Many far-right supporters of former president Donald Trump, including white nationalist Richard Spencer, led a counter-protest outside the White House when Trump sent airstrikes against Assad after the 2017 chemical attack in the Idlib province.[35] Following the chemical attack on civilians, conspiracy theorists Alex Jones tweeted that the “false flag chemical attack could start a wider war”. Meanwhile anti-immigration and pro-Trump Ann Coulter called it a “faked attack.”[36]

Memes and praise for both Putin and Assad’s actions – seen as two strongmen –in Syria abound on social media platforms.  In the UK, Britain First – an anti-Muslim and immigrant far-right group – posted, “SYRIAN PRESIDENT ASSAD TALKING SENSE WHEN IT COMES TO TERRORISM IN SYRIA,”[37] along with an image captioned, “God Bless Syria and Russia”.[38] Meanwhile, British far-right activist Jack Dawkins posted in 2019, “Britain is to bring every ISIS terrorist who was spawned on our shores to face trial at our cost, watched and fed at our cost, and radicalising other prisoners at our cost!   Let Assad deal with them, bullet in the back of the head, job done.”[39]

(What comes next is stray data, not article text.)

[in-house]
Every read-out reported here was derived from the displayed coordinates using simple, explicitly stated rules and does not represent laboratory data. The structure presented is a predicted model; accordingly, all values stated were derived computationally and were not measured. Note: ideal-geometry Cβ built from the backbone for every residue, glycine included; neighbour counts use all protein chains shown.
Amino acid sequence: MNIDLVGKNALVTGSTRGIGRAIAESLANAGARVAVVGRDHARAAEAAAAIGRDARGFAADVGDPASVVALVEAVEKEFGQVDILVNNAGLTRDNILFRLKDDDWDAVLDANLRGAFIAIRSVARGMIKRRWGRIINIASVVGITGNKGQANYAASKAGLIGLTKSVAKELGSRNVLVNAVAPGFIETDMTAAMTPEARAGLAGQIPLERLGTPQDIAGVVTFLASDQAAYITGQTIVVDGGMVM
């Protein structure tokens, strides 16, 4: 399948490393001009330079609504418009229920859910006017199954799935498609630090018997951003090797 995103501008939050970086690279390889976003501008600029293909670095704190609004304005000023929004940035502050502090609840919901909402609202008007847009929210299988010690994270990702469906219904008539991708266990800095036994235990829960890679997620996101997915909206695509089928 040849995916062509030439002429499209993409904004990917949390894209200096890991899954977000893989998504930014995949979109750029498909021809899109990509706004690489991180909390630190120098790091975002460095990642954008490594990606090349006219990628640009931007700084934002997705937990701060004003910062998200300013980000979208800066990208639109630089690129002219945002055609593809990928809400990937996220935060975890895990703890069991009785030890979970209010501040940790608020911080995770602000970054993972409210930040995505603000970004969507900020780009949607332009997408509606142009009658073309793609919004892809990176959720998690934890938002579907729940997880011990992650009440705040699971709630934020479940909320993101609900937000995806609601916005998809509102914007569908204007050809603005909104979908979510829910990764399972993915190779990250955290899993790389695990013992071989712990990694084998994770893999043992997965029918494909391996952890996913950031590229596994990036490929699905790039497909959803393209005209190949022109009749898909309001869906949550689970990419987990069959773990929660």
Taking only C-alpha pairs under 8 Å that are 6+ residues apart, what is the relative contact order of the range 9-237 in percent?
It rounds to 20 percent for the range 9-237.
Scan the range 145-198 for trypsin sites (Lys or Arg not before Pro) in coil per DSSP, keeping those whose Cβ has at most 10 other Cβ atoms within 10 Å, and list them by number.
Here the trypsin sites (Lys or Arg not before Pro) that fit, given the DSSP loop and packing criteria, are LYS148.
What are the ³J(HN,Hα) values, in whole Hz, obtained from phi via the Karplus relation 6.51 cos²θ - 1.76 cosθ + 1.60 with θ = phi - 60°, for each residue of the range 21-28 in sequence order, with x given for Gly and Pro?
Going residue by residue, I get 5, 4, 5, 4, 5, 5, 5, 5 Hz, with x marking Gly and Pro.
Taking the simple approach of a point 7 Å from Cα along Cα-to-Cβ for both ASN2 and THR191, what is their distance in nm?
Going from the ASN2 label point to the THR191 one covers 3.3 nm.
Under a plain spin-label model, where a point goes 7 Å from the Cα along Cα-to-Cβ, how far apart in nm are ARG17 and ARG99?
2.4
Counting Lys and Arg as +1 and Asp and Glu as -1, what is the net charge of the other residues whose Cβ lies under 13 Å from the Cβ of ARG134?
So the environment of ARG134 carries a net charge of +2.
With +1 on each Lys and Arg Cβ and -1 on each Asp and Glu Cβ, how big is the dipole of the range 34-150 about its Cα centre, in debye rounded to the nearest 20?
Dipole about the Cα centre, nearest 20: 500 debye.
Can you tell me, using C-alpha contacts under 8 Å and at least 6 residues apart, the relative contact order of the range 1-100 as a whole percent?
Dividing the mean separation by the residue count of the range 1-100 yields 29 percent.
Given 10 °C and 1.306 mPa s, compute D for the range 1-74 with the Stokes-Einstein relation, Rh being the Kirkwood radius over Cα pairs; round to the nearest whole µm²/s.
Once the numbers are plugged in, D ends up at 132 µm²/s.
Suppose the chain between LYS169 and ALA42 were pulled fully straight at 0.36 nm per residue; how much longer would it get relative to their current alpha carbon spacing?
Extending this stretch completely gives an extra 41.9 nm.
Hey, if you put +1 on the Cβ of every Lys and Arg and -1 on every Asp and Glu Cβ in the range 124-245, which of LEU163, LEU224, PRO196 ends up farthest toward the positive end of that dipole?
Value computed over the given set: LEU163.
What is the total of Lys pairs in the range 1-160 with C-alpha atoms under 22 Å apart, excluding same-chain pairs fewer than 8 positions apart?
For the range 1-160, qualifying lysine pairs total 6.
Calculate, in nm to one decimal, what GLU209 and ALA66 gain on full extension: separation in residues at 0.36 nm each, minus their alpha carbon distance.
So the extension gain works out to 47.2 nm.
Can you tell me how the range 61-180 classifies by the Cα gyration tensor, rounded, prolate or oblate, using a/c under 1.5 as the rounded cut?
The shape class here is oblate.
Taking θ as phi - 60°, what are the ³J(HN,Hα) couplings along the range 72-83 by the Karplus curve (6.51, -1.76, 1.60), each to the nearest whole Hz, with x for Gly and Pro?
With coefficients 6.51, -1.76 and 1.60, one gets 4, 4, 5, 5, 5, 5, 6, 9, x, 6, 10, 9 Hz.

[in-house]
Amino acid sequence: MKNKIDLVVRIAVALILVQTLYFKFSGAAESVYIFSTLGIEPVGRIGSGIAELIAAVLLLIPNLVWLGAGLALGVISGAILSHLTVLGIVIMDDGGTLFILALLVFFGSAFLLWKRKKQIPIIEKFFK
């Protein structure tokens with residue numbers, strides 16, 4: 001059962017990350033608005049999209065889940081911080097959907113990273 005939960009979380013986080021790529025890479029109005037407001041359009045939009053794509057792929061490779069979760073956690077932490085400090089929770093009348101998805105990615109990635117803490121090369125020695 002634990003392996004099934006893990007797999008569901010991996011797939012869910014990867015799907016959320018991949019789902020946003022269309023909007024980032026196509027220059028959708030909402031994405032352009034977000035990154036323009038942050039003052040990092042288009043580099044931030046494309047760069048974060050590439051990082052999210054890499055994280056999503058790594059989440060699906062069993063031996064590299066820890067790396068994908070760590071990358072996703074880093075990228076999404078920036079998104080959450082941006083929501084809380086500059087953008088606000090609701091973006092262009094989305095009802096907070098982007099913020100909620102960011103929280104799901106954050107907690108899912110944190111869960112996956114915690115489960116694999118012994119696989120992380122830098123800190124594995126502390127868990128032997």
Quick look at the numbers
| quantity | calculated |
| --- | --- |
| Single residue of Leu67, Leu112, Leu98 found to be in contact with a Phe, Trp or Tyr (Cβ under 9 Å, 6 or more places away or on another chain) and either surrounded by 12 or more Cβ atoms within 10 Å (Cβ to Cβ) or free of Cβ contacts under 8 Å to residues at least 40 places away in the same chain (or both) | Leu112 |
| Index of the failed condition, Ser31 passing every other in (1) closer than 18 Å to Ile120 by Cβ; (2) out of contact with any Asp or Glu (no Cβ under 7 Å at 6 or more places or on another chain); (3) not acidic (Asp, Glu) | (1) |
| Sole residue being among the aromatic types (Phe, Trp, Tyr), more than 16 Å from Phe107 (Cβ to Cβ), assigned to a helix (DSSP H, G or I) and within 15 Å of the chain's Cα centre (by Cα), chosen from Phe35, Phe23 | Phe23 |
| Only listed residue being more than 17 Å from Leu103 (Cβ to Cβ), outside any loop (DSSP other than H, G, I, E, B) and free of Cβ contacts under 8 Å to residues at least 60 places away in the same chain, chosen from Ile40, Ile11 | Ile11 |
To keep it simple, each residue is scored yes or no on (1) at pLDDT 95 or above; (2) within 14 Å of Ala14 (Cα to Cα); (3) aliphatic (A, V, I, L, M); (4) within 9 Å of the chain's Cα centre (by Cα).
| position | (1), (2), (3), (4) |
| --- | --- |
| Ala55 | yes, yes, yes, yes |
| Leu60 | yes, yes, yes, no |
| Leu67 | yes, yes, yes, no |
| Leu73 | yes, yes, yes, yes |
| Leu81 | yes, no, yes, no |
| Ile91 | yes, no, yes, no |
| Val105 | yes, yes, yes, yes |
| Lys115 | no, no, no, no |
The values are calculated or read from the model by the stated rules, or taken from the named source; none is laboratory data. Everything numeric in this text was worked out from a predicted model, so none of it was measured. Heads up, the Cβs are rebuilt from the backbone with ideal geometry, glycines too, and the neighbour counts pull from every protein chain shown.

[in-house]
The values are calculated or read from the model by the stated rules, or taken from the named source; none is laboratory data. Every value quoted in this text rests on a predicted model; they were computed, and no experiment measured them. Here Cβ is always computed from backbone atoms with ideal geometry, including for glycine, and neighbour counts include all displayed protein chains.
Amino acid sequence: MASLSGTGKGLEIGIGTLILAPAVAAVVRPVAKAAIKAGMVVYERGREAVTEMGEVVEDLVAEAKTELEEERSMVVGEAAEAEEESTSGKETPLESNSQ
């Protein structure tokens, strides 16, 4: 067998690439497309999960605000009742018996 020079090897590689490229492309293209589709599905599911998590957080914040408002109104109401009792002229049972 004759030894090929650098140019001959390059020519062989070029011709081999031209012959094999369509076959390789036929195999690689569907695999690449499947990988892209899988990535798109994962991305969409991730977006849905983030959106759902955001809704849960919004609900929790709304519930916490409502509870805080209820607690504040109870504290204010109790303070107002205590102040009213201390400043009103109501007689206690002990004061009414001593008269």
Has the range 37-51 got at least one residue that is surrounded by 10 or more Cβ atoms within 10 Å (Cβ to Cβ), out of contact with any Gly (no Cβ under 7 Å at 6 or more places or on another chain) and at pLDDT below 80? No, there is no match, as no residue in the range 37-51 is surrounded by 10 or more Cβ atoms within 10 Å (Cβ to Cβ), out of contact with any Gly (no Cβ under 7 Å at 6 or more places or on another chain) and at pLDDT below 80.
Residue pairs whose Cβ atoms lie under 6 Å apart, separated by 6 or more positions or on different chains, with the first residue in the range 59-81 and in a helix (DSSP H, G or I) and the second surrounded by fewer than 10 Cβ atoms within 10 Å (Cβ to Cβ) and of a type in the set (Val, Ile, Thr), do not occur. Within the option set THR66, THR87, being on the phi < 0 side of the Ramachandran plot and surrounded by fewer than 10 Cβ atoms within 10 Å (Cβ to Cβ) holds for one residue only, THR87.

Post shared on on far-right channel

The links between the far right and Assad go beyond messages of support. An 18-month investigation published in 2021 shows how SOS Chrétiens d’Orient (SOSCO), a French registered NGO with ties to the political far right and the military, funnelled money directly into a Syrian militia that is accused of committing war crimes.[40] A US representative listed the organisation as an overseas violent white supremacist group along with Generation Identity, which has the same co-founder as SOSCO. Its director of operations, François-Xavier Gicquel, was expelled from France’s far-right party Front National in 2011 after he was photographed giving “Sieg Heil” salutes. Meanwhile, SOSCO’s co-founder Charles de Meyer is a parliamentary assistant to far-right politician Thierry Mariani, of Marine le Pen’s Rassemblement National party.[41]